Satyavrata had a humble beginning. Born in Ludhiana, Punjab, he was the son of a railway employee. Satyavrata went on to graduate from the Gurukula situated near the banks of the Ganga at Hardwar. He began his career by giving lectures in Vedic philosophy through-out the country under the instructions of Swami Shraddhanand - founder of the Gurukula. Later, Satyavrata began teaching at his alma mater. After holding various responsible positions at the Gurukula, he was appointed Vice Chancellor, Chancellor and finally Visitor of the institution, which had by then grown into a University.
In 1930, Satyavrata got actively involved in India's freedom movement and was imprisoned for a year. A versatile scholar, Satyavrata went on to write on a wide range of subjects. These ranged from anthropology, sociology, psychology and homeopathy to the Upanishads, the Gita, the Vedas and Vedic Culture. His book on sociology won him the prestigious Mangala Prasad prize from the Hindi Sahitya Sammelan. In 1962, he was nominated to the Indian Parliament by Dr. Radhakrishnan, the President of India. In 1978 he presided over the International Aryan conference at Nairobi. In 1981, he was honoured by the Bharatiya Vidya Bhawan for his book 'Scientific basis of Vedic thought', written in Hindi.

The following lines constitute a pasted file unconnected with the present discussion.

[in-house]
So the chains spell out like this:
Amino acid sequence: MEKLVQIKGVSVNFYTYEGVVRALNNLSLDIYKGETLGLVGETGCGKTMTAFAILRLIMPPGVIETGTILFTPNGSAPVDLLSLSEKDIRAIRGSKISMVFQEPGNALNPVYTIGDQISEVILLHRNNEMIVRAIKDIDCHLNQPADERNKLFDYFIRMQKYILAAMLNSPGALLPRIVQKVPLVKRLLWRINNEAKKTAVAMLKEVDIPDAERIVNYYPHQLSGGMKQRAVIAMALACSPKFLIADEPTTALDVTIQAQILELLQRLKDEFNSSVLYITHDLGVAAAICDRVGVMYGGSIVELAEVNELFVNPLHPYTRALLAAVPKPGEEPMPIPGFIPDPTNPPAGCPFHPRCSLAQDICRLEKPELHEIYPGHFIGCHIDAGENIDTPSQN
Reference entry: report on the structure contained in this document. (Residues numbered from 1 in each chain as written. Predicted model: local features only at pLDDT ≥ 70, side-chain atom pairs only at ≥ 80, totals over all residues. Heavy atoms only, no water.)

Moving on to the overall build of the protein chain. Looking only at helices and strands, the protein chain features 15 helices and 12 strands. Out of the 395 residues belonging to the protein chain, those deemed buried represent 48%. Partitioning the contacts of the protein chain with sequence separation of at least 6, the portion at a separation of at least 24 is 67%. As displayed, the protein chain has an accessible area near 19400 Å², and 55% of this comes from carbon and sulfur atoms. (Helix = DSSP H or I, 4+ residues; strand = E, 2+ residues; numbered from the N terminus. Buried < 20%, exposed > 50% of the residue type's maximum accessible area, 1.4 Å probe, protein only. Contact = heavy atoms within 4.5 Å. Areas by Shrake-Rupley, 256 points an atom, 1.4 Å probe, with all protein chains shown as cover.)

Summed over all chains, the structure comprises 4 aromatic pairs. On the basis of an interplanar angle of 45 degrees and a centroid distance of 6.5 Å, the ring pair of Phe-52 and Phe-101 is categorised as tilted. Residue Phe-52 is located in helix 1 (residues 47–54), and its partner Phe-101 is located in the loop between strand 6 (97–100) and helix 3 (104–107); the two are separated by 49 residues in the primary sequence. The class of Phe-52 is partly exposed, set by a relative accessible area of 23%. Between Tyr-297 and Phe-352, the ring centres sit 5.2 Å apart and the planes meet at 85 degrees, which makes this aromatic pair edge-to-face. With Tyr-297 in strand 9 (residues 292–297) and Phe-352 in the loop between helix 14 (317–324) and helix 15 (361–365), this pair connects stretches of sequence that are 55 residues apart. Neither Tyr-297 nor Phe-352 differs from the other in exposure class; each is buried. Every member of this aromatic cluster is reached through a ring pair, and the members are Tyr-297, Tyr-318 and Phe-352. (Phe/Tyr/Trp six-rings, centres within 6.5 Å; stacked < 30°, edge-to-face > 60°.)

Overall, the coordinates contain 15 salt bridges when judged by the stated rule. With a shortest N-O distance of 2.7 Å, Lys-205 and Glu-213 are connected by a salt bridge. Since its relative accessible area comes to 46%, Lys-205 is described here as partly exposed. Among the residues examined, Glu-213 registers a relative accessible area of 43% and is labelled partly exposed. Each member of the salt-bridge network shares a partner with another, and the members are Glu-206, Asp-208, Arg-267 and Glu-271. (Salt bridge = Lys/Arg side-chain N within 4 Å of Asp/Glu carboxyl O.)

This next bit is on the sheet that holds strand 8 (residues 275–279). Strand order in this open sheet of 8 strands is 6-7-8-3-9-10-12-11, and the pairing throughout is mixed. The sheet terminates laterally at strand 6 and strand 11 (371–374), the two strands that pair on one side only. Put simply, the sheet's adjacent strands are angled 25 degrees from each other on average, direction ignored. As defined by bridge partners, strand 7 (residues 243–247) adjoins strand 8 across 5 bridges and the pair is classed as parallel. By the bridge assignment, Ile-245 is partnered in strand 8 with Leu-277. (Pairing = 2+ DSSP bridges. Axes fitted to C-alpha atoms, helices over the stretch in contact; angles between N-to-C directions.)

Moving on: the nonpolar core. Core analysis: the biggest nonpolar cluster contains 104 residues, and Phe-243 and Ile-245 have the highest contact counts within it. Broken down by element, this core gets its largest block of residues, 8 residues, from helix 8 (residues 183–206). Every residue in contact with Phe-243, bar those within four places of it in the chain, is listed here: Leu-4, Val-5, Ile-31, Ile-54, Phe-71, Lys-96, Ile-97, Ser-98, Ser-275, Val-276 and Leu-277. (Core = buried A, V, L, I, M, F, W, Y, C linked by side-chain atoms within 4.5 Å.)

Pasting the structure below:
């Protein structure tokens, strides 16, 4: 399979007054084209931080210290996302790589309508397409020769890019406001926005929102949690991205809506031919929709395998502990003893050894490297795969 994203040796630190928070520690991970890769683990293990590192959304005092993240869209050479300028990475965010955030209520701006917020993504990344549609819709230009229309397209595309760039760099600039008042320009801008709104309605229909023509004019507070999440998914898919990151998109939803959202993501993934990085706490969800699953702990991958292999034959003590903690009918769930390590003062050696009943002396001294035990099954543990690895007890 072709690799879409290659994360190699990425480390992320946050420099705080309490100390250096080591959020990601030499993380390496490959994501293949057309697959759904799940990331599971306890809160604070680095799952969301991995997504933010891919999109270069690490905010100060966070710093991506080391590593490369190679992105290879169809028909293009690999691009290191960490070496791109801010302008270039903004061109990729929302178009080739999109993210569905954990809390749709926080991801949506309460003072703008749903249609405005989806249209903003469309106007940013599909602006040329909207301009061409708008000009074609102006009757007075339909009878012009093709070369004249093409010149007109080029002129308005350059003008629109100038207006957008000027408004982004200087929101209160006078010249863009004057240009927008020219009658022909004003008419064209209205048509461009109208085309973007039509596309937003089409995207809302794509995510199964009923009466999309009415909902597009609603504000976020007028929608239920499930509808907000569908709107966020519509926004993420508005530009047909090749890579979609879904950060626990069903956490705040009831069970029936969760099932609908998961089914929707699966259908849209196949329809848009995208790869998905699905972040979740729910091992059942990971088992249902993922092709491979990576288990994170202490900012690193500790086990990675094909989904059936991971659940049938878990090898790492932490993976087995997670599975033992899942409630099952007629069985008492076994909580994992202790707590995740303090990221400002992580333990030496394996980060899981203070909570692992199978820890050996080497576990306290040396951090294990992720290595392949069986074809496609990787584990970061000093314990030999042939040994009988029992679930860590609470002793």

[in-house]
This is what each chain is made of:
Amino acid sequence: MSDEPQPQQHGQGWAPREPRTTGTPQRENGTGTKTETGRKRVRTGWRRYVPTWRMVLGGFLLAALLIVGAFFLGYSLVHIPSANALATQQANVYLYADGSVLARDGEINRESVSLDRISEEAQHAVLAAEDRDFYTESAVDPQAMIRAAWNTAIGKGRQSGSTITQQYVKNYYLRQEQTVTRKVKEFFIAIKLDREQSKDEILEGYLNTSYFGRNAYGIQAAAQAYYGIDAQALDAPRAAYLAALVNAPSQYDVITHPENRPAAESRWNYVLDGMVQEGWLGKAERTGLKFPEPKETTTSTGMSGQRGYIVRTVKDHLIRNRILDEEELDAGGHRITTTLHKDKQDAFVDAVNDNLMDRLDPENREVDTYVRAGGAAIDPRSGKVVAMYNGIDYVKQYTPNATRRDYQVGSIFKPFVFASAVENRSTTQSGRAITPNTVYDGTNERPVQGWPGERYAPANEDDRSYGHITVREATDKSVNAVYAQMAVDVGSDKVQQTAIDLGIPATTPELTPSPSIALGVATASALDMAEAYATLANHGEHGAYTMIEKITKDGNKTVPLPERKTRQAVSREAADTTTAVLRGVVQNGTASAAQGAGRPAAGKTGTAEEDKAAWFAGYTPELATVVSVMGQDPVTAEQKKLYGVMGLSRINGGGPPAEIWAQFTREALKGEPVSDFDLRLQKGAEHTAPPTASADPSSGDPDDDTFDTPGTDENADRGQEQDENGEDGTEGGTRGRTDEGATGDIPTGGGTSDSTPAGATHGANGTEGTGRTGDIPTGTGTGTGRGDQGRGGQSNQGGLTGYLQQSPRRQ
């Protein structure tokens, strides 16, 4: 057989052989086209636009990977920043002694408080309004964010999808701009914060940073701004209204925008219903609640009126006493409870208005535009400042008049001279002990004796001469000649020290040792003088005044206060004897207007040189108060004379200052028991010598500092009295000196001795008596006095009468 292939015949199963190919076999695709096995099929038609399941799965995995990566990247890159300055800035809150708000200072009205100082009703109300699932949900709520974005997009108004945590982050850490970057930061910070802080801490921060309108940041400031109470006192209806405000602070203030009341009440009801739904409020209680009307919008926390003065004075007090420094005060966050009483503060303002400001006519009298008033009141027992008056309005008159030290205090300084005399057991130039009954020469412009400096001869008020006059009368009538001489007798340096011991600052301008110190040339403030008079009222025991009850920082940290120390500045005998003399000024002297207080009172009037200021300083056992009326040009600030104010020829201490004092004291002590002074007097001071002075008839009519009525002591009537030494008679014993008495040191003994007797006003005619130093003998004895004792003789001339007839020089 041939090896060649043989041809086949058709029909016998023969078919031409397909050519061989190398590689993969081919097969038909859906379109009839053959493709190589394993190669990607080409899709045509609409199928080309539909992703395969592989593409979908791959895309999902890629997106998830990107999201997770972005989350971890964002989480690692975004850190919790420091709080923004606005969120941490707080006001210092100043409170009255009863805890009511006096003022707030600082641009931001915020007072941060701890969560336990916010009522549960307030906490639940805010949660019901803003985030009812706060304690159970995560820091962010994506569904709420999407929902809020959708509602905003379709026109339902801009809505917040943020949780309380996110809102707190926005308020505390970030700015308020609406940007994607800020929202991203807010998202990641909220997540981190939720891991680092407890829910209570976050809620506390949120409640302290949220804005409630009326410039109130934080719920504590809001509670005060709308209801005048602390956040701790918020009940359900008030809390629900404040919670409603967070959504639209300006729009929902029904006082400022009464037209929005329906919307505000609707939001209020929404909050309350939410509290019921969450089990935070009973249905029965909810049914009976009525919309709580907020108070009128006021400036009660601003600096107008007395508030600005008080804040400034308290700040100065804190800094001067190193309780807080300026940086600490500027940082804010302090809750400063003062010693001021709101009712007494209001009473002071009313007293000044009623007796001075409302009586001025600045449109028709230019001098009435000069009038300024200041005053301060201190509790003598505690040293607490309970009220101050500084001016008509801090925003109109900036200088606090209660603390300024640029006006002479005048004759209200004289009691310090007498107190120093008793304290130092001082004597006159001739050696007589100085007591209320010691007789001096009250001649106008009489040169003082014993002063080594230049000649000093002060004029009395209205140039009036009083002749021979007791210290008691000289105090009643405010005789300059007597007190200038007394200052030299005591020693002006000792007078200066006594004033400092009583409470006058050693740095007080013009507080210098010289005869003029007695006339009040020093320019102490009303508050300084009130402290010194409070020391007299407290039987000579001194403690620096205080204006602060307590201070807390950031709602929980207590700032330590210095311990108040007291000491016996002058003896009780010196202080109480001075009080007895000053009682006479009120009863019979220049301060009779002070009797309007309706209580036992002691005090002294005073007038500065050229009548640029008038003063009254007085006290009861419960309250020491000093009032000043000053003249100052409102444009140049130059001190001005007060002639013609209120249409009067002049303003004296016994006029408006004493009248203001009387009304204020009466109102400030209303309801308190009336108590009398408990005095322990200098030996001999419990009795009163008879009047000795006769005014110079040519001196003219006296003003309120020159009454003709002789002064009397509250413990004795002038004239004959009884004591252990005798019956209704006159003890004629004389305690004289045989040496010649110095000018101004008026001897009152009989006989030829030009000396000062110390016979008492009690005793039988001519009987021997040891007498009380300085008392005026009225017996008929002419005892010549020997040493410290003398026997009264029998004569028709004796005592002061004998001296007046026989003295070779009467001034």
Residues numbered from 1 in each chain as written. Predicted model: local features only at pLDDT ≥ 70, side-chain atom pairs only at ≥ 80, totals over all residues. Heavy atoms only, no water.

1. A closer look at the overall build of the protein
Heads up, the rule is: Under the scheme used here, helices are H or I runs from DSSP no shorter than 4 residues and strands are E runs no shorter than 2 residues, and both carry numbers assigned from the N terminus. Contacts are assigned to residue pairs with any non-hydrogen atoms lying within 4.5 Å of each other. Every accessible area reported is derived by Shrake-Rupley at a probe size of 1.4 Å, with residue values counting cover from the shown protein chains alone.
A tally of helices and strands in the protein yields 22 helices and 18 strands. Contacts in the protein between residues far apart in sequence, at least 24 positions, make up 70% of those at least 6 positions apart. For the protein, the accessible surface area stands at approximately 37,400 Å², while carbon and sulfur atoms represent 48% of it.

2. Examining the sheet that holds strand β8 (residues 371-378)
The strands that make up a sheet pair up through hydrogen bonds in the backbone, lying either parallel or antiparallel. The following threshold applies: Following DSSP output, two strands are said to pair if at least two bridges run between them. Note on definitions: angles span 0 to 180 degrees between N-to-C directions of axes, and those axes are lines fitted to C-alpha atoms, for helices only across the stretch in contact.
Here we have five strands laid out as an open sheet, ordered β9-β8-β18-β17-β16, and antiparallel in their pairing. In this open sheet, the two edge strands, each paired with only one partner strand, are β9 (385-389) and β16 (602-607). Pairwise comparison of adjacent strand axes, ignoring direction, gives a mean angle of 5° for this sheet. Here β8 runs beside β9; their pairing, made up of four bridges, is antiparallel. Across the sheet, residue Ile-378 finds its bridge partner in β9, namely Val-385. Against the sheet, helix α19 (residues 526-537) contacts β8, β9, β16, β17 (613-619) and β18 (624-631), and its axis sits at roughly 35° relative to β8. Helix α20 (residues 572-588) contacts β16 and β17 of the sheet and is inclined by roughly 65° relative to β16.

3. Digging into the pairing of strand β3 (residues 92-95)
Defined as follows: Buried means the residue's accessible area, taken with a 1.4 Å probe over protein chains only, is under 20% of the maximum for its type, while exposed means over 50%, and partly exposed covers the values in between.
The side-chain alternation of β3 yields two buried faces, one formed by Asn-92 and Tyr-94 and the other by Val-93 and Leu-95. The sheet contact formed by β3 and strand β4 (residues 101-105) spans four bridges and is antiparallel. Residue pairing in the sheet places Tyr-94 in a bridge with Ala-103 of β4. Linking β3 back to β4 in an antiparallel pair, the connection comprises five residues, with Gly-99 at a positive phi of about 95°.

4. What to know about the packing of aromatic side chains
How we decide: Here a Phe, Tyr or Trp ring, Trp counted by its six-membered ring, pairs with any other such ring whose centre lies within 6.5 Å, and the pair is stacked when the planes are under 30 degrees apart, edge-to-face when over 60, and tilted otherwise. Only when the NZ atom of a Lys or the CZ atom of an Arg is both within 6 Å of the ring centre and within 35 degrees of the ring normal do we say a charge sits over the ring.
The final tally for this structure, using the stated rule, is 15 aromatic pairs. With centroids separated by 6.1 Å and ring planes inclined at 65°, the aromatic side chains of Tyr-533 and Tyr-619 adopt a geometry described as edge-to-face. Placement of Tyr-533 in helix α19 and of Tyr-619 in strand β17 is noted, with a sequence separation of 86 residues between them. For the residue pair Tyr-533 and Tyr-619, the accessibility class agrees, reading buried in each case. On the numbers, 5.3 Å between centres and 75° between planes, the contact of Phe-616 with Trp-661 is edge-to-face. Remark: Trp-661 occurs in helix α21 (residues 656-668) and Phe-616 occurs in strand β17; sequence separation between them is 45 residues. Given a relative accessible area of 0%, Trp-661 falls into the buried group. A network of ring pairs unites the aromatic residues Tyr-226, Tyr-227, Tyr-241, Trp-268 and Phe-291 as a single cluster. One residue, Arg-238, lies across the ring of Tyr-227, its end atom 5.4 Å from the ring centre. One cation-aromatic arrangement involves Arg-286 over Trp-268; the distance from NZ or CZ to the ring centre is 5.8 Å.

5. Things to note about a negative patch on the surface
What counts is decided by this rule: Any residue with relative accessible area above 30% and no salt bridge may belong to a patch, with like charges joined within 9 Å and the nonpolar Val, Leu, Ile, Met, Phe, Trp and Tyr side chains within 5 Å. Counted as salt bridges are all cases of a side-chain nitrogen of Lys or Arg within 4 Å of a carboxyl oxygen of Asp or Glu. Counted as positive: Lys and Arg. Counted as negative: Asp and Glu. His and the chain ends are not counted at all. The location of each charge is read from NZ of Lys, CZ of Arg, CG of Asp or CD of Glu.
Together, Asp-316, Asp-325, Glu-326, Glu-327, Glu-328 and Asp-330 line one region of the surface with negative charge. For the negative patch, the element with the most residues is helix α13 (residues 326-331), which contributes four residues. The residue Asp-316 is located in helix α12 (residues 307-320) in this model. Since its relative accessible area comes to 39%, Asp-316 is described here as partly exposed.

All his writings bear the stamp of his clarity of thought and lucid style. His expositions on Vedic Culture, the Upanishads and the Gita are outstanding literary achievements.
Satyavrata's late wife, Srimati Chandravati Lakhanpal was also an educationist and author of repute, and a member of the first Upper House of the Indian Parliament. He is survived by a son.
Rishi Dayanand was born in the year 1824 and diedin the year 1883. He lived for 59 years. In the year 1860, at the age of 36 years began his education under the care of Guru Virjanand. Whatever creative work was achieved by the Rishi was after this period. In this manner, he had a time span of 22 to 23 years only for his creative work. Out of this period, he spent sometime for self-mortification and in the remaining time he travelled from every nook and corner of the country spreading the message of Vedic religion, writing commentary on the Vedas, wrote several books and original treatises like `Satyaarth Prakash', `Sanskar Vidhi' and an exposition on the Rig Veda. It is amazing that his each and every work is enough to absorb an individual's whole life span. To offer so much to society in such a short, period was possible only by the great ascetic sage-(aditya brahmachari) Rishi Dayanand. Whatever was useful for the followers of Vedic culture has been wrapped up by the Rishi in his writings.